Why I’m Pentecostal: The Impact
[Make sure you read the background and change posts first.]
Being “baptized with the Holy Spirit” is not a panacea for your spiritual ills and human failings. You don’t suddenly stop struggling with the fleshy side of who you are. Nothing stops that but death. But that second baptism does jolt your life.
Now, let’s stop here and clear a few things up. The gifts of the Spirit are weird, yes—at least from our perspective. But they aren’t unintelligible—they clarify. He points us to Jesus; He inspired the Bible to be written and opens it up on this end as well; and He charges up our worship like a Red Bull.
He does not do things that lead people away from Christ—ever. He keeps things nice and tidy. He’s done with the Bible. And He does not inspire anyone to hang out with poisonous snakes. (He gives us wisdom to not be dumb, after all.)
Since my second baptism, the Spirt most often shows up in private moments to talk to God in a way that He understands, but I don’t. I never know when I’ll start or when I’ll stop. That’s up to Him. I can throw myself in fervent prayer all in English for an hour—and that’s all there is. Or I can have Him spark something when I had no other intention than falling asleep. It’s His leading, not my urging.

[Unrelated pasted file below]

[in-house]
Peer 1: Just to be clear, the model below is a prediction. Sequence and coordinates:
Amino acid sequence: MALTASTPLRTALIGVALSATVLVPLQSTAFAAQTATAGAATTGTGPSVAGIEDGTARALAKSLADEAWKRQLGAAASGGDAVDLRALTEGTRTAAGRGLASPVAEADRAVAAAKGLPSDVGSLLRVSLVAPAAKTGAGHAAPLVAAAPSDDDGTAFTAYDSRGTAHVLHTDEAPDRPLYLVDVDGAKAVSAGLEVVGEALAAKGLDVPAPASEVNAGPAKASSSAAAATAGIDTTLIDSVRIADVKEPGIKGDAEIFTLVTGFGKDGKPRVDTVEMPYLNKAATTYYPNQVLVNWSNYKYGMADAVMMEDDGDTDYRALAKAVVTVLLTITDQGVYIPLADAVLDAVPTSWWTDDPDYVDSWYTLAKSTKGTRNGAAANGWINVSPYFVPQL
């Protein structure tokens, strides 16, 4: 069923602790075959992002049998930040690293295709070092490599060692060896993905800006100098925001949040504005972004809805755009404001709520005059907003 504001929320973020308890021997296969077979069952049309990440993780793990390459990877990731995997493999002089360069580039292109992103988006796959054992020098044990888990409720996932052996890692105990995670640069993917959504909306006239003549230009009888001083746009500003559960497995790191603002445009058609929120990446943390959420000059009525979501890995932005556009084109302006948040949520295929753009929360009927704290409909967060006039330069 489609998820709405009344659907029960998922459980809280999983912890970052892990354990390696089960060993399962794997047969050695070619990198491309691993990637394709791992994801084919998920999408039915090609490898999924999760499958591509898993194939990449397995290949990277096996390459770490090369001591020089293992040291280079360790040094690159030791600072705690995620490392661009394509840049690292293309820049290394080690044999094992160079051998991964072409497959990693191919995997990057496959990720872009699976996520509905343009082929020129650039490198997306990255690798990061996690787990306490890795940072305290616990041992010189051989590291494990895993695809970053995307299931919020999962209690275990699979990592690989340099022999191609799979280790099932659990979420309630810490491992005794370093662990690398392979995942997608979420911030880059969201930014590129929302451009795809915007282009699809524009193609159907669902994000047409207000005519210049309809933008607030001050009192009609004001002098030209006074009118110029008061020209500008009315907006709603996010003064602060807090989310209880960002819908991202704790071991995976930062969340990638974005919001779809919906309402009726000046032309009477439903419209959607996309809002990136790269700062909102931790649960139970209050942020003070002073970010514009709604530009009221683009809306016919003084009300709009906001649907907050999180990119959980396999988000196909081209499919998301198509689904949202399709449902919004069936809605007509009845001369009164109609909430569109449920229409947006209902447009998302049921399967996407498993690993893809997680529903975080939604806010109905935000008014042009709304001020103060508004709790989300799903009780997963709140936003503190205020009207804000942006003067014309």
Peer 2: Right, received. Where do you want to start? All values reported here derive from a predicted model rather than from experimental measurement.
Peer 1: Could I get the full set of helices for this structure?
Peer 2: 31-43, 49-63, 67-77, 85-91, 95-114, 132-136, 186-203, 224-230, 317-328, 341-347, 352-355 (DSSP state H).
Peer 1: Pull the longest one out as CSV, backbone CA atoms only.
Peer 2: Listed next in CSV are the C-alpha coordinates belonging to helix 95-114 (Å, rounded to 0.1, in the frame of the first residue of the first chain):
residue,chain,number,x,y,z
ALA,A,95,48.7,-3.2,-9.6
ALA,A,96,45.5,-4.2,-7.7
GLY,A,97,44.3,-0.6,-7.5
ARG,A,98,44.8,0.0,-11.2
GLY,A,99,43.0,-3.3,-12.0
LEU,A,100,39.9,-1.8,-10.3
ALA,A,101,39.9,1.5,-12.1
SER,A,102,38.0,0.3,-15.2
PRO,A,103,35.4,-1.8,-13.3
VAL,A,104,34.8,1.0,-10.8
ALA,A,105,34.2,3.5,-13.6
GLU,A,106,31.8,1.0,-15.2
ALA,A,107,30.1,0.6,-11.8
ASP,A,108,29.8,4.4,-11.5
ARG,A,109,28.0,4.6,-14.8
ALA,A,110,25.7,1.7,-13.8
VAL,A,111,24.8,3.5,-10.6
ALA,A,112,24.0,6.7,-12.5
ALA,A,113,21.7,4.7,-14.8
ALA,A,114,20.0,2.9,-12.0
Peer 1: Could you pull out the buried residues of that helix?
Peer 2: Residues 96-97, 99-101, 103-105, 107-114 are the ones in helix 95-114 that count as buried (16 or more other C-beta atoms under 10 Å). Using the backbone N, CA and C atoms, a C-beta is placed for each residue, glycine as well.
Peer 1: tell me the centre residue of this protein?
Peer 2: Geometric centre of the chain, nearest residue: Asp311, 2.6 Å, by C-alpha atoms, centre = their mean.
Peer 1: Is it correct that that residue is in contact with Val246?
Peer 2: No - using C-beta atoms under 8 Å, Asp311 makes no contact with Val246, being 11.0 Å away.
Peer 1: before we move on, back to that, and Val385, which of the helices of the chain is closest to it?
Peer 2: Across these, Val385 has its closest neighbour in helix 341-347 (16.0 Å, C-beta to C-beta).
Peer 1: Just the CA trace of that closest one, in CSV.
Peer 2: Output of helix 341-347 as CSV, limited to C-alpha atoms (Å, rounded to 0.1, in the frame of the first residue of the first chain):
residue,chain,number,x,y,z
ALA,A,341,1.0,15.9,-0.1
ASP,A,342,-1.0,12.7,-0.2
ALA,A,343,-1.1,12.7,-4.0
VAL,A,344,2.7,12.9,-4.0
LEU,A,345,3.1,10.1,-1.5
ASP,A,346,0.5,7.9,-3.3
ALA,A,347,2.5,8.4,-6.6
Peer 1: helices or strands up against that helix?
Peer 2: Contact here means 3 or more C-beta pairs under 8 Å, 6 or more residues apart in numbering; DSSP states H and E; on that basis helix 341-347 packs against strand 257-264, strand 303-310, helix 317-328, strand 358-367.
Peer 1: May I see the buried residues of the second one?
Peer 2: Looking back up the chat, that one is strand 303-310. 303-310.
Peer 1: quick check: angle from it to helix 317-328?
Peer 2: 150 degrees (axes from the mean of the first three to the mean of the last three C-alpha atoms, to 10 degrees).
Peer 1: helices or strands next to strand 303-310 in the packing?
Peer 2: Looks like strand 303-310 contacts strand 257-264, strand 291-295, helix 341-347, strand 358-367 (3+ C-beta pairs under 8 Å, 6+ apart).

I’ve also been given one—and only one—interpretation of what someone else said in a language I’d never heard before. In fact, while the person was speaking, I kept my head down, hoping not to be noticed—like you do in a class when you don’t want to be called on. But I got called to bat, and the interpretation rolled out before I could even think.
As for miraculous healing, that’s also a single incident. A friend who’d suffered from epileptic seizures suddenly stopped having them—and hasn’t since we prayed for her. Given how bad they were before, I was pretty stunned. It was like brain surgery without the scalpel.
But for the most part, my post-Holy-Spirit-baptized life has been more of a private transformation. Slowly, I’ve had courage wired into me. I don’t really think about it unless I consider where I started. But when I do, I see how God’s taught me to master that manual transmission in my spiritual life.
And that’s where I am.